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2016
Engine:                             2.0 L VTEC TURBO
Maximum Output:             228 kW @ 6500 r/min
Maximum Torque:             400 Nm @ 2500-4500 r/min
The all-new Type R is here to illustrate just how much racing is entrenched in Honda’s DNA. If you are looking for the best performance either on the racetrack or the road, look no further than the new Honda Civic Type R. The Honda Civic Type R also set a front-wheel drive lap time of 7:50.63 at NURBURGRING.
car
        
F1
The Birth of the Red Honda Badge

The Type R brand delivers speed and excitement that stimulates the driver and enhances the driving experience. All Type R cars are immersed in Honda’s racing DNA and the knowledge and expertise of Honda’s engineers. When creating a Type R car, Honda aim to create the ultimate driving machine.

The spirit of Type R was first seen in 1964, long before the first Type R model was built. This was the year that Honda first joined Formula One. At the time Honda was still a relatively small car manufacturer but with the dedication of our engineers we met challenging targets and achieved what often seemed unachievable.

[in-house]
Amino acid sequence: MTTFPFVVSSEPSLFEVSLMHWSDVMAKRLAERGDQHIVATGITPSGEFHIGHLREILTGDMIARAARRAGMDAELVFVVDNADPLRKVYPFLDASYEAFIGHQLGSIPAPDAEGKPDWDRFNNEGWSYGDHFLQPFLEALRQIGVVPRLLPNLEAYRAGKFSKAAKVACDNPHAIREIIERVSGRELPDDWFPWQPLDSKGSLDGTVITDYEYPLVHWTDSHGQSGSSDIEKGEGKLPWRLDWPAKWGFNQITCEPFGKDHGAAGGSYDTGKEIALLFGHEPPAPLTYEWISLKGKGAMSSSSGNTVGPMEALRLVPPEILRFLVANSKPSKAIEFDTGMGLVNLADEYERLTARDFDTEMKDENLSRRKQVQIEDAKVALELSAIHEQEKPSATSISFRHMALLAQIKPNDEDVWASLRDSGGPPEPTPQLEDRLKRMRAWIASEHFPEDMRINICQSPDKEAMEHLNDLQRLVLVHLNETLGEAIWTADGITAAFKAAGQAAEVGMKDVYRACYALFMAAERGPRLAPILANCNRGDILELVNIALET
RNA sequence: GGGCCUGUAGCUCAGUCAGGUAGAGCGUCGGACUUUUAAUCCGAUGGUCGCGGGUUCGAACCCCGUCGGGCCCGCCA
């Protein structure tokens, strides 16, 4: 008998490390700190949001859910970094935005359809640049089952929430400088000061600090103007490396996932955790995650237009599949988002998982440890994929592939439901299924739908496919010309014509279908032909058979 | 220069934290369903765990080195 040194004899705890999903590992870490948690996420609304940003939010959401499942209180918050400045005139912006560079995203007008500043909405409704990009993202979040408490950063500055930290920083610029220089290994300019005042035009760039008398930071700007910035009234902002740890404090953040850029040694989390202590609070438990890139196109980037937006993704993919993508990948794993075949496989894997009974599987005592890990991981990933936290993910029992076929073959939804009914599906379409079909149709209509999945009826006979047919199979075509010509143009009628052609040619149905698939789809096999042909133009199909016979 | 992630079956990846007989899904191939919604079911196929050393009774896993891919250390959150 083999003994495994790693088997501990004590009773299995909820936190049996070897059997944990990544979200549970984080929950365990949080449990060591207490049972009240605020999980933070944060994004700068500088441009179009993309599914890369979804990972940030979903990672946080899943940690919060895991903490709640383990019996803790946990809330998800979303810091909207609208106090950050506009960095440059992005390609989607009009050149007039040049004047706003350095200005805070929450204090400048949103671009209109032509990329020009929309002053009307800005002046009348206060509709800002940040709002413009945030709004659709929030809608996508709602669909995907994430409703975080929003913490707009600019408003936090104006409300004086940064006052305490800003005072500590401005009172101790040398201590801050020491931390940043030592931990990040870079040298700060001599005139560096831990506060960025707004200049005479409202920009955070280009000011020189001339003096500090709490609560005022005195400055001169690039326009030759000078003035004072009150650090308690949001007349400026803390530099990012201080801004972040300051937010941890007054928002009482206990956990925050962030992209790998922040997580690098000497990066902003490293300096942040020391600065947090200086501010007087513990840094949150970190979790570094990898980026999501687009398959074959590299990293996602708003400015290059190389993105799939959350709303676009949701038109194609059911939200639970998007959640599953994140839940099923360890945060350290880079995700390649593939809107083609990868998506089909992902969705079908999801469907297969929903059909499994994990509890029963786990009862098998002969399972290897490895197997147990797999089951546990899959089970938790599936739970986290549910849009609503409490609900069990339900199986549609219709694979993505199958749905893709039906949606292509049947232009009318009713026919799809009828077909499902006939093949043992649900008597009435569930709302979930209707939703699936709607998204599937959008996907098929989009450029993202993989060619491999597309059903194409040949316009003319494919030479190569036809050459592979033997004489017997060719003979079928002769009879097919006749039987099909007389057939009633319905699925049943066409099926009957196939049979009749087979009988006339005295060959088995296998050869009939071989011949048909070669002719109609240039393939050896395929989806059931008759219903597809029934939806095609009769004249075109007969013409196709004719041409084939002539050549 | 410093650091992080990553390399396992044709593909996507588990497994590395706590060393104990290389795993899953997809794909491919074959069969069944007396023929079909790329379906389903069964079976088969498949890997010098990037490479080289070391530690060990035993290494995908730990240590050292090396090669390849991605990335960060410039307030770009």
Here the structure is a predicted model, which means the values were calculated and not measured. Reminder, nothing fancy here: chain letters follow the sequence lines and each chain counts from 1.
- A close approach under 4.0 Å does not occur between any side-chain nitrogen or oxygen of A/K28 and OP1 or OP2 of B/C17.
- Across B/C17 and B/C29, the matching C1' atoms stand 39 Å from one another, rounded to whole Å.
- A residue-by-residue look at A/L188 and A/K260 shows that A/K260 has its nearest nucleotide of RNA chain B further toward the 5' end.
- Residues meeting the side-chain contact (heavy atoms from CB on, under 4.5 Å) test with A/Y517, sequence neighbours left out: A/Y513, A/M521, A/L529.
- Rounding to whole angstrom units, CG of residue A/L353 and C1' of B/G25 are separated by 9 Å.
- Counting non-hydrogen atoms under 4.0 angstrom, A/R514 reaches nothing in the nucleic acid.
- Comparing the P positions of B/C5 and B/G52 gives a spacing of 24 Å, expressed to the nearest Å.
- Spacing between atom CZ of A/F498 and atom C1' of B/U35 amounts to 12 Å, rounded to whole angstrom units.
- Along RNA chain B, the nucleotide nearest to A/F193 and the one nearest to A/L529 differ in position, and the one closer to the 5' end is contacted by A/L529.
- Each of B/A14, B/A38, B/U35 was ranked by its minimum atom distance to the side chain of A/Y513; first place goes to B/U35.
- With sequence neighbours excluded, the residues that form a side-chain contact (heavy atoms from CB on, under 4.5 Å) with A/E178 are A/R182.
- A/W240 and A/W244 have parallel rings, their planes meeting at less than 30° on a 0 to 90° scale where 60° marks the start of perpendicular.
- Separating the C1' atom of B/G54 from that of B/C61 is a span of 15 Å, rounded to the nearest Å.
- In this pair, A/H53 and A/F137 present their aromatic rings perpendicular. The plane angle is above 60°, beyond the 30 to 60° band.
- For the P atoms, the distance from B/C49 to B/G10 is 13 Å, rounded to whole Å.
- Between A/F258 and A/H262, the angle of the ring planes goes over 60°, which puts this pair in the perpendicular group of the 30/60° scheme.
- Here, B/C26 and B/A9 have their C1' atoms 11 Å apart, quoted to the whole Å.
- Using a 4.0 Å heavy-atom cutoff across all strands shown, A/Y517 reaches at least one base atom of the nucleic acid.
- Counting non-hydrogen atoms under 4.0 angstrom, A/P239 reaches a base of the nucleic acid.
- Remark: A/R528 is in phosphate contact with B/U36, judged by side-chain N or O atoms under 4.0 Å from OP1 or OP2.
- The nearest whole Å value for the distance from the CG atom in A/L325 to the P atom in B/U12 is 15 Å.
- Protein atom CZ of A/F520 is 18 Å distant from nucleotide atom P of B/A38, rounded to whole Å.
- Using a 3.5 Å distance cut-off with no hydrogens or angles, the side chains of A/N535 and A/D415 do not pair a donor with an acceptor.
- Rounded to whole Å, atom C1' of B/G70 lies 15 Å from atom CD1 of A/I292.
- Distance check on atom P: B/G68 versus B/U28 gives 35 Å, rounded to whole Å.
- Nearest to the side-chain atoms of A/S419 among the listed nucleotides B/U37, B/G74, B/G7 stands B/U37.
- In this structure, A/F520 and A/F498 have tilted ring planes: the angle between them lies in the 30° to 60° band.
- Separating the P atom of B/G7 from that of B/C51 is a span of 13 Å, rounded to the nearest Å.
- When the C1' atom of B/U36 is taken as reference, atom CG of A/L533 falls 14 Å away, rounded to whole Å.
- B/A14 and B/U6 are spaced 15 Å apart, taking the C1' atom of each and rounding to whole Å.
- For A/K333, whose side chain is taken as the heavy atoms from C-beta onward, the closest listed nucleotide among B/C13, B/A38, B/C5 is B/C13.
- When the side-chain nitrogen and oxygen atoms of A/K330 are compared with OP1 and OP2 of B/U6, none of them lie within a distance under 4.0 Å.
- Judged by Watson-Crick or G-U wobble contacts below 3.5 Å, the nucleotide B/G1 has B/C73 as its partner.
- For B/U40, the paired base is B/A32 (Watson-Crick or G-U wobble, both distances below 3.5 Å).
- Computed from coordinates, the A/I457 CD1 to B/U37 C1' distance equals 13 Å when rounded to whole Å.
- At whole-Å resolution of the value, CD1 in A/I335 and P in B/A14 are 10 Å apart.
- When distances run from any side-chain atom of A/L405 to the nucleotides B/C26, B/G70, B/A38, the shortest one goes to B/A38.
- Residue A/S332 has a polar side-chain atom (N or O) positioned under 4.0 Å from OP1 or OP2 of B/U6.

The first Honda Formula One machine to compete in a Grand Prix (Germany) was painted in Ivory White and featured the Honda emblem in red…these colours have been passed on to all Honda Type R cars.

BTCC
BRITISH TOURING
CAR CHAMPIONSHIP

The new Honda Civic Type R has added motorsport honors to its growing list of plaudits, as Honda Yuasa Racing clinched the drivers and manufacturers championship in the 2015 Dunlop MSA British Touring Car Championship in a tense final round at Brands Hatch.

Continuing the success story for the most high performance car ever to wear the red ‘H’ badge, the new Honda Civic Type R was developed with help from the brand’s World Touring Car Team. Vital analysis and feedback from the track informed decisions about performance and styling, supporting the British team to driver and manufacturer titles in its first competitive year.

Engine: 2.0 L inline four-cylinder turbocharged twin-overhead camshaft
Maximum Output: 261 kW